Title of Oral/Poster Presentation

Transplanting a bacterial immune system: Design, construction, and expression of a multi-subunit Type IV CRISPR system

Class

Article

College

College of Science

Faculty Mentor

Ryan Jackson

Presentation Type

Poster Presentation

Abstract

CRISPR (Clusters of Regularly Interspaced Short Palindromic Repeats) loci and cas (CRISPR associated) genes provide adaptive immunity against invasive elements such as viruses and plasmids in bacteria and archaea. These RNA-guided systems have been repurposed for wide applications in genome engineering and have the potential to cure genetic diseases. Although the structure and function of CRISPR system Types I, II, III, V, and VI have been determined, the Type IV CRISPR systems have not yet been examined experimentally. To better understand the structure and function of Type IV CRISPR systems, we have constructed a plasmid to recombinantly co-express several Type IV CRISPR system proteins from Acidothiobacillus ferrooxidans. We hypothesize that recombinant co-expression in E. coli of all the Type IV genes (csf1, csf2, csf3, and cas6) along with a CRISPR will allow for a multi-subunit RNA-guided surveillance complex to form in vivo. Using ligation-independent cloning, Type IV genes csf1, csf2, csf3, and cas6 were inserted into transfer vectors with no tag, a Histidine-tag, and a Maltose Binding Protein tag. Traditional cloning methods were used to move sequences from the transfer vectors into destination vectors to construct multiple iterations of a polycistronic vector. With these constructs in hand, tests to determine optimal growth conditions for expression of the multi-protein Type IV CRISPR system complex are ongoing.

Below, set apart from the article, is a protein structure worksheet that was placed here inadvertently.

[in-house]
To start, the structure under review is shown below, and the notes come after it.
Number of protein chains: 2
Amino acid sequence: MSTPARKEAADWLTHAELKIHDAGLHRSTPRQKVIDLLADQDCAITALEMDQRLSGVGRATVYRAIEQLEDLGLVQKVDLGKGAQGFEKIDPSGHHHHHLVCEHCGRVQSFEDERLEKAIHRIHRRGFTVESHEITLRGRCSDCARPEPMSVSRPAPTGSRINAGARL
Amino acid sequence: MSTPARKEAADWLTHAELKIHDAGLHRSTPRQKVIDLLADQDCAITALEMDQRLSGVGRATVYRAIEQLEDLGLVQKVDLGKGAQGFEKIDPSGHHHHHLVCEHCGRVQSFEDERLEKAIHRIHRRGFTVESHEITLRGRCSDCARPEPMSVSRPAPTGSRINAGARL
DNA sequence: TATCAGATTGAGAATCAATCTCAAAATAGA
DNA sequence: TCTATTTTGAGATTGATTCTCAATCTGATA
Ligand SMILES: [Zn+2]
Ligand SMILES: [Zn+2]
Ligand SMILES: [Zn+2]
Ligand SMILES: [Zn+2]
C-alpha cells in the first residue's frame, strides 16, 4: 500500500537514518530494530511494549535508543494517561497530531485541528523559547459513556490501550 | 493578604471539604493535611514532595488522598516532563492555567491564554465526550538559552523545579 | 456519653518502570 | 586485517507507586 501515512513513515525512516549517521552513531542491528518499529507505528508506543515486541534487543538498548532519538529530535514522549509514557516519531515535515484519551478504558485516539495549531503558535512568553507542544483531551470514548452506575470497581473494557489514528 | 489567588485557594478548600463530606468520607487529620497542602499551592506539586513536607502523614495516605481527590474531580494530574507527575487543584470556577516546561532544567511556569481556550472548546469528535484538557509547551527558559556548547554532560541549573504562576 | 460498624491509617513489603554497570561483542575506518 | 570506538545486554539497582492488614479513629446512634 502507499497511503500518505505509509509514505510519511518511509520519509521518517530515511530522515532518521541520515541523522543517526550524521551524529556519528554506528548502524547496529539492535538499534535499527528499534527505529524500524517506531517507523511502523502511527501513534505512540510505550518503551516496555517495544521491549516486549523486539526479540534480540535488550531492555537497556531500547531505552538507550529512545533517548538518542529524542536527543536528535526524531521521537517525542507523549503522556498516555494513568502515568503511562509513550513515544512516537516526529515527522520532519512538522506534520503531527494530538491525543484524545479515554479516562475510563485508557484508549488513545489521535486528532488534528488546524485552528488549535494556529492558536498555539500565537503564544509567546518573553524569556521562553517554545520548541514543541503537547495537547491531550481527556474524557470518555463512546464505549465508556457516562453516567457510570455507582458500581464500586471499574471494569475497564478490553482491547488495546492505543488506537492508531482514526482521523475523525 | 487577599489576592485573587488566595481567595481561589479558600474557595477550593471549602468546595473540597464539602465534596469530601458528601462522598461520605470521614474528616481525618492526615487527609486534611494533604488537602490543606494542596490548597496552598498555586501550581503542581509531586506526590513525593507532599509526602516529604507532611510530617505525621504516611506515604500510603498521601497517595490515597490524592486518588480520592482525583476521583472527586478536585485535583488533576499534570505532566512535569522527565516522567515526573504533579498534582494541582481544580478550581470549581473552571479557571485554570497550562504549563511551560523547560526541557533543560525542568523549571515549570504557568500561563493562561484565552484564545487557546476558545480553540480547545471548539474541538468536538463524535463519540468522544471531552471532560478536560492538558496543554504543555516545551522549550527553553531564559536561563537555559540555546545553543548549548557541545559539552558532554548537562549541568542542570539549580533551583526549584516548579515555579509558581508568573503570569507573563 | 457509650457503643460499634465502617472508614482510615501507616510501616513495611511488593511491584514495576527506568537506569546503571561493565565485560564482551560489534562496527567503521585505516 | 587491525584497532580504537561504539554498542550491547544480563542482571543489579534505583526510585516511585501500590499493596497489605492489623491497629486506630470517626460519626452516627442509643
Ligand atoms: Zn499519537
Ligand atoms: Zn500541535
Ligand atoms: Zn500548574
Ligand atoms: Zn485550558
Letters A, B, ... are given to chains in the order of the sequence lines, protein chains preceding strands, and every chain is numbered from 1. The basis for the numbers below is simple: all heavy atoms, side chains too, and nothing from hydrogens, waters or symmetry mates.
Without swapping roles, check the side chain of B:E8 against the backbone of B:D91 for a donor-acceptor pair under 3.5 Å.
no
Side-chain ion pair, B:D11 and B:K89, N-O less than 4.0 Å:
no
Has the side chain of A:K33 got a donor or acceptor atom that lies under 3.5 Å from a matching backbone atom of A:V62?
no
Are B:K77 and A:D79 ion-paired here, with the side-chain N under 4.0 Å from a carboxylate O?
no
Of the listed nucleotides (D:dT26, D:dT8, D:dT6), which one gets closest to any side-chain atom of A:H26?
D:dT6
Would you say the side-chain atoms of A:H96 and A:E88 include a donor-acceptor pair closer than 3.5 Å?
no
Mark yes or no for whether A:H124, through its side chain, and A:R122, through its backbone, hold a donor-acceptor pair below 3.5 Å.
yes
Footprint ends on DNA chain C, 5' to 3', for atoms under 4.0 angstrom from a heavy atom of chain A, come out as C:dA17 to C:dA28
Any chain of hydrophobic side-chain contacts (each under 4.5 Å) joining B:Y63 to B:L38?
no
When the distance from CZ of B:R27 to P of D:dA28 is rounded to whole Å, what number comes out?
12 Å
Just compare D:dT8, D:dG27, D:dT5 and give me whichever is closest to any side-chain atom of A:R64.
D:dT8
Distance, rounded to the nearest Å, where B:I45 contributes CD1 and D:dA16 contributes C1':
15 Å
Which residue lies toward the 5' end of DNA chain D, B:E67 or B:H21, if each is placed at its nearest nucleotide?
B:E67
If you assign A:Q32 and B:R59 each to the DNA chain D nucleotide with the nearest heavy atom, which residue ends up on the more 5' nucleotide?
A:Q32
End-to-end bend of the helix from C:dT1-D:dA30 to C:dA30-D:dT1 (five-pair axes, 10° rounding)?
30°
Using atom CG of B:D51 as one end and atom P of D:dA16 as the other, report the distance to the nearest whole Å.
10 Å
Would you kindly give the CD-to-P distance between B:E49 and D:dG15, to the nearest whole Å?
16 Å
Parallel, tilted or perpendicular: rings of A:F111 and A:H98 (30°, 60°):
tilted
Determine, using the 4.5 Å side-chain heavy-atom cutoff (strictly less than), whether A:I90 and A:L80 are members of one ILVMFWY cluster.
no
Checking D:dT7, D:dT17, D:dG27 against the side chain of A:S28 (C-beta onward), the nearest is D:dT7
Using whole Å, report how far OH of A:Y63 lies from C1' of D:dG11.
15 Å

Location

The South Atrium

Start Date

4-12-2018 12:00 PM

End Date

4-12-2018 1:15 PM

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Apr 12th, 12:00 PM Apr 12th, 1:15 PM

Transplanting a bacterial immune system: Design, construction, and expression of a multi-subunit Type IV CRISPR system

The South Atrium

CRISPR (Clusters of Regularly Interspaced Short Palindromic Repeats) loci and cas (CRISPR associated) genes provide adaptive immunity against invasive elements such as viruses and plasmids in bacteria and archaea. These RNA-guided systems have been repurposed for wide applications in genome engineering and have the potential to cure genetic diseases. Although the structure and function of CRISPR system Types I, II, III, V, and VI have been determined, the Type IV CRISPR systems have not yet been examined experimentally. To better understand the structure and function of Type IV CRISPR systems, we have constructed a plasmid to recombinantly co-express several Type IV CRISPR system proteins from Acidothiobacillus ferrooxidans. We hypothesize that recombinant co-expression in E. coli of all the Type IV genes (csf1, csf2, csf3, and cas6) along with a CRISPR will allow for a multi-subunit RNA-guided surveillance complex to form in vivo. Using ligation-independent cloning, Type IV genes csf1, csf2, csf3, and cas6 were inserted into transfer vectors with no tag, a Histidine-tag, and a Maltose Binding Protein tag. Traditional cloning methods were used to move sequences from the transfer vectors into destination vectors to construct multiple iterations of a polycistronic vector. With these constructs in hand, tests to determine optimal growth conditions for expression of the multi-protein Type IV CRISPR system complex are ongoing.